In addition, in China there is the Zhongkao, the Senior High School Entrance Examination, held annually to distinguish the top students who then are admitted to the highest performing senior high schools. This means that if the highest rated high school in Shanghai has 1,000 openings for 10th graders, the students who earn the top 1,000 scores on the Zhongkao get in and then the second highest rated high school takes the next batch of kids until the lowest rated senior high school in Shanghai gets the kids with the bottom scores on the Zhongkao.

Maybe actual numbers will help clarify what this means:

In 2010, 121 million children attended China’s primary schools with 78.4 million in junior and senior secondary schools. The total is 199.4 million kids.

According to World Education News & Reviews: “In 2010, senior high schools [in China] accommodated 46.8 million students (23.4% of the  199.5 million). But about 52 percent or only 40.8 million were enrolled in general senior high school, and 48 percent of those students were attending vocational senior high schools.”

That leaves 21.2 million enrolled in the senior high school academic track designed to prep kids for college—that’s 10.6% of the total. Then consider that Shanghai’s public schools are considered the best in China. This means that the fifteen-year-old students who take the international PISA in China are the elite of the elite attending China’s best public schools.

For a fair comparison—not what we’ll hear from the critics of public education in the United States—the Economic Policy Institute reports: “The U.S. administration of the most recent international (PISA) test resulted in students from the most disadvantaged schools being over-represented in the overall U.S. test-taker sample. This error further depressed the reported average U.S. test score. … But U.S. students from advantaged social class backgrounds perform better relative to their social class peers in the top-scoring countries [Canada, Finland, South Korea, France, Germany and the U.K.]” and “U.S. students from disadvantaged social class backgrounds perform better relative to their social class peers in the three similar post-industrial countries.”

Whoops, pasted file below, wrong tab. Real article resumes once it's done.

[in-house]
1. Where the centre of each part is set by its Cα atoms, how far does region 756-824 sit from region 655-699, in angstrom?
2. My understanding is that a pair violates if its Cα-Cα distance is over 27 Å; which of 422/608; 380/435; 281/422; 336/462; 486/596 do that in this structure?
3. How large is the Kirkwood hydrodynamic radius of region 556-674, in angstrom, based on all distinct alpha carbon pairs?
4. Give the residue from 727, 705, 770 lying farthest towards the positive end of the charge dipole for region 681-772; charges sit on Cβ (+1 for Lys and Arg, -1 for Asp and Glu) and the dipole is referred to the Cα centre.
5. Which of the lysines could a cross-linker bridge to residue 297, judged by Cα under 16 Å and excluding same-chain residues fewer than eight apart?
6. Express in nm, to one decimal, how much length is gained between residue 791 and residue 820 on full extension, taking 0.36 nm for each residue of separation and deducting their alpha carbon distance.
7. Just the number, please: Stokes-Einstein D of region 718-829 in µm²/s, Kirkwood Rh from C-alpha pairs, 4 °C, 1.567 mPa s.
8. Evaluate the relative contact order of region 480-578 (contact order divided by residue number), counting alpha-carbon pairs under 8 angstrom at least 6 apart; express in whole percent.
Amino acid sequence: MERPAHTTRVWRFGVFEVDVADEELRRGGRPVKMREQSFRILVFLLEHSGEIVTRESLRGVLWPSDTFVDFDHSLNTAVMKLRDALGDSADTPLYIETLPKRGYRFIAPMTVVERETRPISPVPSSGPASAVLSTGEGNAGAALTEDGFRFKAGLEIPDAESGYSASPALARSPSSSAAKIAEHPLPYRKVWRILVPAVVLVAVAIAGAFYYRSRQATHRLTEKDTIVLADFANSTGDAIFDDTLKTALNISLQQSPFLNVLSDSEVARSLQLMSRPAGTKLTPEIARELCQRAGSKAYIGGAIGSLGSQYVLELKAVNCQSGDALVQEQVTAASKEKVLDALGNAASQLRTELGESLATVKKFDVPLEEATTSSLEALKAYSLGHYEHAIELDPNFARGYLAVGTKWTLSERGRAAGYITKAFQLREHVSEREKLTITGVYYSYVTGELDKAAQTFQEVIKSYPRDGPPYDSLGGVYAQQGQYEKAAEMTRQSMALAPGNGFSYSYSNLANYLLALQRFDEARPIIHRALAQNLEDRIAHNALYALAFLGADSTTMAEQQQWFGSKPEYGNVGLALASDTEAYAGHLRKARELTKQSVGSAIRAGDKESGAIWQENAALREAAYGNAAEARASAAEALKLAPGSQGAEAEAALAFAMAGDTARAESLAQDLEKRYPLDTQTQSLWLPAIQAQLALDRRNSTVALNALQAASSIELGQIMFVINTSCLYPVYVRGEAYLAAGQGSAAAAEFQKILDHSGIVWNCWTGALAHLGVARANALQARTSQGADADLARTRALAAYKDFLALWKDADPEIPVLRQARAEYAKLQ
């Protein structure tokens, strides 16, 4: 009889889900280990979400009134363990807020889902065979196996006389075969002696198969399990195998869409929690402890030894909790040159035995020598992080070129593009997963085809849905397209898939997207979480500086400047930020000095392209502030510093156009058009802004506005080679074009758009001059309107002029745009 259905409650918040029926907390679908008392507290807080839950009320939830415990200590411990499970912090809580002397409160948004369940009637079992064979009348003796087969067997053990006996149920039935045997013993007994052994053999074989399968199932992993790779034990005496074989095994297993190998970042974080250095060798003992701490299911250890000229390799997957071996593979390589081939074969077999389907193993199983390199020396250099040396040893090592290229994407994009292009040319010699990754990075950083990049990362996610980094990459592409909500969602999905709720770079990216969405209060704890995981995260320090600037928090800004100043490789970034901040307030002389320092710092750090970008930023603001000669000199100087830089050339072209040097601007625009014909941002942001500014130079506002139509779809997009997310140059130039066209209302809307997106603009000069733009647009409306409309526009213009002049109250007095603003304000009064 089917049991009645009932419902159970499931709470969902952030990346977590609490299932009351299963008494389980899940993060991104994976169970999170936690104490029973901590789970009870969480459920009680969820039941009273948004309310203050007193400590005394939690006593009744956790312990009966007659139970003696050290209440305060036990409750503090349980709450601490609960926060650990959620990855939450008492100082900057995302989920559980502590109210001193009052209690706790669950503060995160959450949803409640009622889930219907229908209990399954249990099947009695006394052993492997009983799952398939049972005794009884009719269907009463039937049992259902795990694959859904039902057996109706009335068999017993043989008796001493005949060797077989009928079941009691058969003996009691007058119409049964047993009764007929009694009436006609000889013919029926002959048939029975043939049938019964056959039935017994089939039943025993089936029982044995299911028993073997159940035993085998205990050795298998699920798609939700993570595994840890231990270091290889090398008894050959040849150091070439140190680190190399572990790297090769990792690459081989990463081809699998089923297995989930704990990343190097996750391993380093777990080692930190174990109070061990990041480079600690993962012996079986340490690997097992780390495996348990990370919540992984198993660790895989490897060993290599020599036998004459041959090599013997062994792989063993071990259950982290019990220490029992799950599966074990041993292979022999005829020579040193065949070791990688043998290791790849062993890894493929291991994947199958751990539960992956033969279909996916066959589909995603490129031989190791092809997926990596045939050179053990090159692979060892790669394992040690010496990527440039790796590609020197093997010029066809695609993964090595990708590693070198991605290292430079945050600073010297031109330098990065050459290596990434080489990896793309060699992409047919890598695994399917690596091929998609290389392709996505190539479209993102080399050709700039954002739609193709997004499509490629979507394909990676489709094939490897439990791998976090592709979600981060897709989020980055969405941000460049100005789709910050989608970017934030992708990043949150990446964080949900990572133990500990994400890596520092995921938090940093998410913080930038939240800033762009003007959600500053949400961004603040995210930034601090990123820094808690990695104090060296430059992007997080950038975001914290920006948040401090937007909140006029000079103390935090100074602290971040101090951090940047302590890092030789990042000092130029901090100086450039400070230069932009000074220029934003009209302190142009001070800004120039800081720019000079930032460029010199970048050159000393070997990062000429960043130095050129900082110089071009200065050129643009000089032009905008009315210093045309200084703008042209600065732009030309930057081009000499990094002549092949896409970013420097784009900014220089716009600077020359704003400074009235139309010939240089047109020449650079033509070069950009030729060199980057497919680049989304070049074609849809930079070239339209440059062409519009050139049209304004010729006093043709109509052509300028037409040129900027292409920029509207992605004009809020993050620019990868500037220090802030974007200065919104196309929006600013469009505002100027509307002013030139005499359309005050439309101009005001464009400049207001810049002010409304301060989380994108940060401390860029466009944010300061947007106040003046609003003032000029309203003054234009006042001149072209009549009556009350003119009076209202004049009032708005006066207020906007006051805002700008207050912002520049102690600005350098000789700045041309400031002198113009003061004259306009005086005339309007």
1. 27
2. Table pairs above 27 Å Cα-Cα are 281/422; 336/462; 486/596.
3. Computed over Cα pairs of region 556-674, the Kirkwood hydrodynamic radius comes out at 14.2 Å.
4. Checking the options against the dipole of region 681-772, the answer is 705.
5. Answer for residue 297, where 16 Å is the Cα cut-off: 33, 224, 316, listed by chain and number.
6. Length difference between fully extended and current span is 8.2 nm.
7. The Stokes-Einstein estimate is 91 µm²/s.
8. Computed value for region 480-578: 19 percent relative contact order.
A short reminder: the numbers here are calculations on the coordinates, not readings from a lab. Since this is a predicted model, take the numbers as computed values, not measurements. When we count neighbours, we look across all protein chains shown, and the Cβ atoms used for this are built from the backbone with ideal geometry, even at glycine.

In fact, “U.S. students from advantaged social class backgrounds perform better relative to their social class peers in the top-scoring countries of Finland and Canada. … and—on average—for almost every social class group, U.S. students do relatively better in reading than in math, compared to students in both the top-scoring and the similar post-industrial countries.”

_______________________

Lloyd Lofthouse is a former U.S. Marine and Vietnam Veteran,
who taught in the public schools for thirty years (1975 – 2005).

His third book is Crazy is Normal, a classroom exposé, a memoir. “Lofthouse presents us with grungy classrooms, kids who don’t want to be in school, and the consequences of growing up in a hardscrabble world. While some parents support his efforts, many sabotage them—and isolated administrators make the work of Lofthouse and his peers even more difficult.” – Bruce Reeves

lloydlofthouse_crazyisnormal_web2_5

Lofthouse’s first novel was the award winning historical fiction My Splendid Concubine [3rd edition]. His second novel was the award winning thriller Running with the Enemy. His short story A Night at the “Well of Purity” was named a finalist of the 2007 Chicago Literary Awards. His wife is Anchee Min, the international, best-selling, award winning author of Red Azalea, a New York Times Notable Book of the Year (1992).

To follow this Blog via E-mail see upper right-hand column and click on “Sign me up!”

 

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Civil Disobedience and No Child Left Behind – Part 7/9

To understand one of the most difficult challenges American public school teachers face, it is time to examine the Hispanic/Latino culture, one of largest student subgroups in America